For those minded like I am, purchase only the Trangia burner to use with another cookset. My homemade setup consists of the brass Trangia burner filled 3/4 with alcohol (160g), a steel soup can converted to a potstand (55g), a plastic softdrink lid to insulate the burner in winter (2g), and an MSR aluminum windscreen (45g). Very lightweight, and a good deal more windproof than a stock Trangia mini cookset would be.
As the title of this post implies, I’ve gone and gotten myself a pair of studded tyres on the cheap – by fabricating them. Those old Chen Shins I had on the bike’s rims came off without a single stud, but went back on with a ice-grippin’ 104 studs per tyre. Total cost: $12.78 for 250 1/2 in. 8-size screws, compared to $100 + tax for the cheapest pair I could find elsewhere (including the interweb). My time is valueless, so I won’t put a dollar value on the 2 1/2 hours I spent on the endeavor.
Drilling, and a lot of screwing-in
On the road, they are really grippy on ice – like being glued to it, even while riding on an outdoor skating rink! But, since the tread pattern isn’t that deep, it still has trouble in the slush or packed snow. On fresh snow, however, it performs quite superbly! One really can notice the clickity-clickity-clickity of the screws on the pavement, and feel the drag also.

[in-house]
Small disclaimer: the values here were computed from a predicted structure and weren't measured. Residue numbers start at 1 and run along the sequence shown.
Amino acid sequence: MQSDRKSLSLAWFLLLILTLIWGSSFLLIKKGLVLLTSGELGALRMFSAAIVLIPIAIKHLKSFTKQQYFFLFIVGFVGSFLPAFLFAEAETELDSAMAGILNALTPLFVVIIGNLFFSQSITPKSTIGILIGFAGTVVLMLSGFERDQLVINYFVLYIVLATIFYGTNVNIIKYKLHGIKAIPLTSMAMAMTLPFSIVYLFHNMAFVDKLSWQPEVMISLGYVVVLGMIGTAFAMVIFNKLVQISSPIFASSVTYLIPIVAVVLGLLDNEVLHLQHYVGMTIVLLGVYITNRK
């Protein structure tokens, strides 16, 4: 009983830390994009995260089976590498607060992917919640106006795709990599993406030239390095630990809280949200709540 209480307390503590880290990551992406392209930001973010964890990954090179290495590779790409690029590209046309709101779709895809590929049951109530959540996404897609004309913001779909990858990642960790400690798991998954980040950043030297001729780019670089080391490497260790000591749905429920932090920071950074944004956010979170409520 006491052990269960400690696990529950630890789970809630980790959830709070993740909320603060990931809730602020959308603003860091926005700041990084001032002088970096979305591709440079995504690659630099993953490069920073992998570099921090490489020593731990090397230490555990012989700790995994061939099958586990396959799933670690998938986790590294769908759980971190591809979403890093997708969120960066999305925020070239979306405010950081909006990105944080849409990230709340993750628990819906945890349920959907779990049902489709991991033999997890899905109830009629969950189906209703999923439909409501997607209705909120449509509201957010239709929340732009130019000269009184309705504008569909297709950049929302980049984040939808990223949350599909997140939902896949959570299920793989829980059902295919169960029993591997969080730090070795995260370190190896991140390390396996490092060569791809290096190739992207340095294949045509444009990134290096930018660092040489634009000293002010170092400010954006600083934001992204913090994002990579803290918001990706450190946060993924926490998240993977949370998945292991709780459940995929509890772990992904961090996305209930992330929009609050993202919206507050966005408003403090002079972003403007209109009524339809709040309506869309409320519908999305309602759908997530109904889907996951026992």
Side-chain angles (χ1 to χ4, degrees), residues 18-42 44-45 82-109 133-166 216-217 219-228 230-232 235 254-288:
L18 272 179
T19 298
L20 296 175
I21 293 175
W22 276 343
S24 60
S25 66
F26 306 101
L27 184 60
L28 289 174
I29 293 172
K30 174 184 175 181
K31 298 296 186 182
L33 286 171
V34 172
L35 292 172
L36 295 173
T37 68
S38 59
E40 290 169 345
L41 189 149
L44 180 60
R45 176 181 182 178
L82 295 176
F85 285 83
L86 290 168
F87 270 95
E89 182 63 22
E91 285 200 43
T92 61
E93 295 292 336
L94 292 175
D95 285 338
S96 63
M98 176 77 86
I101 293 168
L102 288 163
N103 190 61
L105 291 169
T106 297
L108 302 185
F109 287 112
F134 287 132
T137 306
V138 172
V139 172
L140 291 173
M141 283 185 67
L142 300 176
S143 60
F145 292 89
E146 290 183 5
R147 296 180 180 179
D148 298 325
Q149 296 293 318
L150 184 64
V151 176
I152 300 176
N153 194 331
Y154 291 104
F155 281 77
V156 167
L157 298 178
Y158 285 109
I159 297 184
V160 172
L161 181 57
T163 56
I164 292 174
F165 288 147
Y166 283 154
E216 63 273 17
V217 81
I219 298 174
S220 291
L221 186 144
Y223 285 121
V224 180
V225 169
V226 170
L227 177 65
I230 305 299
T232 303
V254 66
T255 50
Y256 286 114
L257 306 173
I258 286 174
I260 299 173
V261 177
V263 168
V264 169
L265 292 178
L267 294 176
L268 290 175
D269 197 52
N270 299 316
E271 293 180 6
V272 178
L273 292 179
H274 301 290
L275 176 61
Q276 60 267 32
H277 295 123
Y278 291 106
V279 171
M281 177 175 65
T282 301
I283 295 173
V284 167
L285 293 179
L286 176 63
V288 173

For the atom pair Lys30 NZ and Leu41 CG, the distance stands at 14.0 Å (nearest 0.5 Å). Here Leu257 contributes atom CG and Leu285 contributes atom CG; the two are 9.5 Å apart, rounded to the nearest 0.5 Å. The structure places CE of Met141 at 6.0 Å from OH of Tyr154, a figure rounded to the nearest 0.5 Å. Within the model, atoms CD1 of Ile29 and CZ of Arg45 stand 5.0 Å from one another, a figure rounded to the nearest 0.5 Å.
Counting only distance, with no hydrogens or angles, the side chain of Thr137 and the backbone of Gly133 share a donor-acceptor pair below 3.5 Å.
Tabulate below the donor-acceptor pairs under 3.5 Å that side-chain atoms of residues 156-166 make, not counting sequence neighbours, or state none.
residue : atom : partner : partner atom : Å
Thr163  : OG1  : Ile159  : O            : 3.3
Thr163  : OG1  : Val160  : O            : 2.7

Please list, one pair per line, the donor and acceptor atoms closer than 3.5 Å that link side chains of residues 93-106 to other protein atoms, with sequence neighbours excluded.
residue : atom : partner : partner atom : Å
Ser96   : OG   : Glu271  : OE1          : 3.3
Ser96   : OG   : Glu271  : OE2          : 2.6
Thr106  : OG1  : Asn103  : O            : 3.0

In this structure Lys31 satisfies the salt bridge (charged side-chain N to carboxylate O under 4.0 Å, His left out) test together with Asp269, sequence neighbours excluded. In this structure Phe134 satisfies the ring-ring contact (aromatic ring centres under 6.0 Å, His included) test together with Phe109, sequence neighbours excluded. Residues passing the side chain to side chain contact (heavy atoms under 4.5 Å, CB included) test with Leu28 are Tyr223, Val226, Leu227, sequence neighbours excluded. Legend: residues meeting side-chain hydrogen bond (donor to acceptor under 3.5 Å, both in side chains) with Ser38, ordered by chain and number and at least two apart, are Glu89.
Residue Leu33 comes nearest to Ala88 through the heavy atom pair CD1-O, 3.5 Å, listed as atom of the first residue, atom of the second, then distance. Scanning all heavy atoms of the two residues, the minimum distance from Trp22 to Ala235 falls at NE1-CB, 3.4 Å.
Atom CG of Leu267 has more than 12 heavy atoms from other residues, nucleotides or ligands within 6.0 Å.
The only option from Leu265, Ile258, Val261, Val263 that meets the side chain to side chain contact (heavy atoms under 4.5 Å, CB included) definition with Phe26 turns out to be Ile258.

Tyre #1, finished – look at that! 1/4 in of spike showing!
Here’s how I done it: 1. Pulled off the tyres 2. Flipped tires inside-out 3. Drilled holes, from outside in, into the knobs I wanted studs in. 4. Spent a whole lotta time screwing screws into these holes, inside to out. 5. Turned tyres back to right-side-in 6. Got duct tape, and covered all the screw heads with multiple layers of tape to prevent puncture 7. Re-install and re-inflate. Be careful – it’s like wrestling with a rosebush!
Mounted and ready to roll!
I plan to get at lest 100km on the tyres this winter, if for nothing else but to measure the longevity of the screws.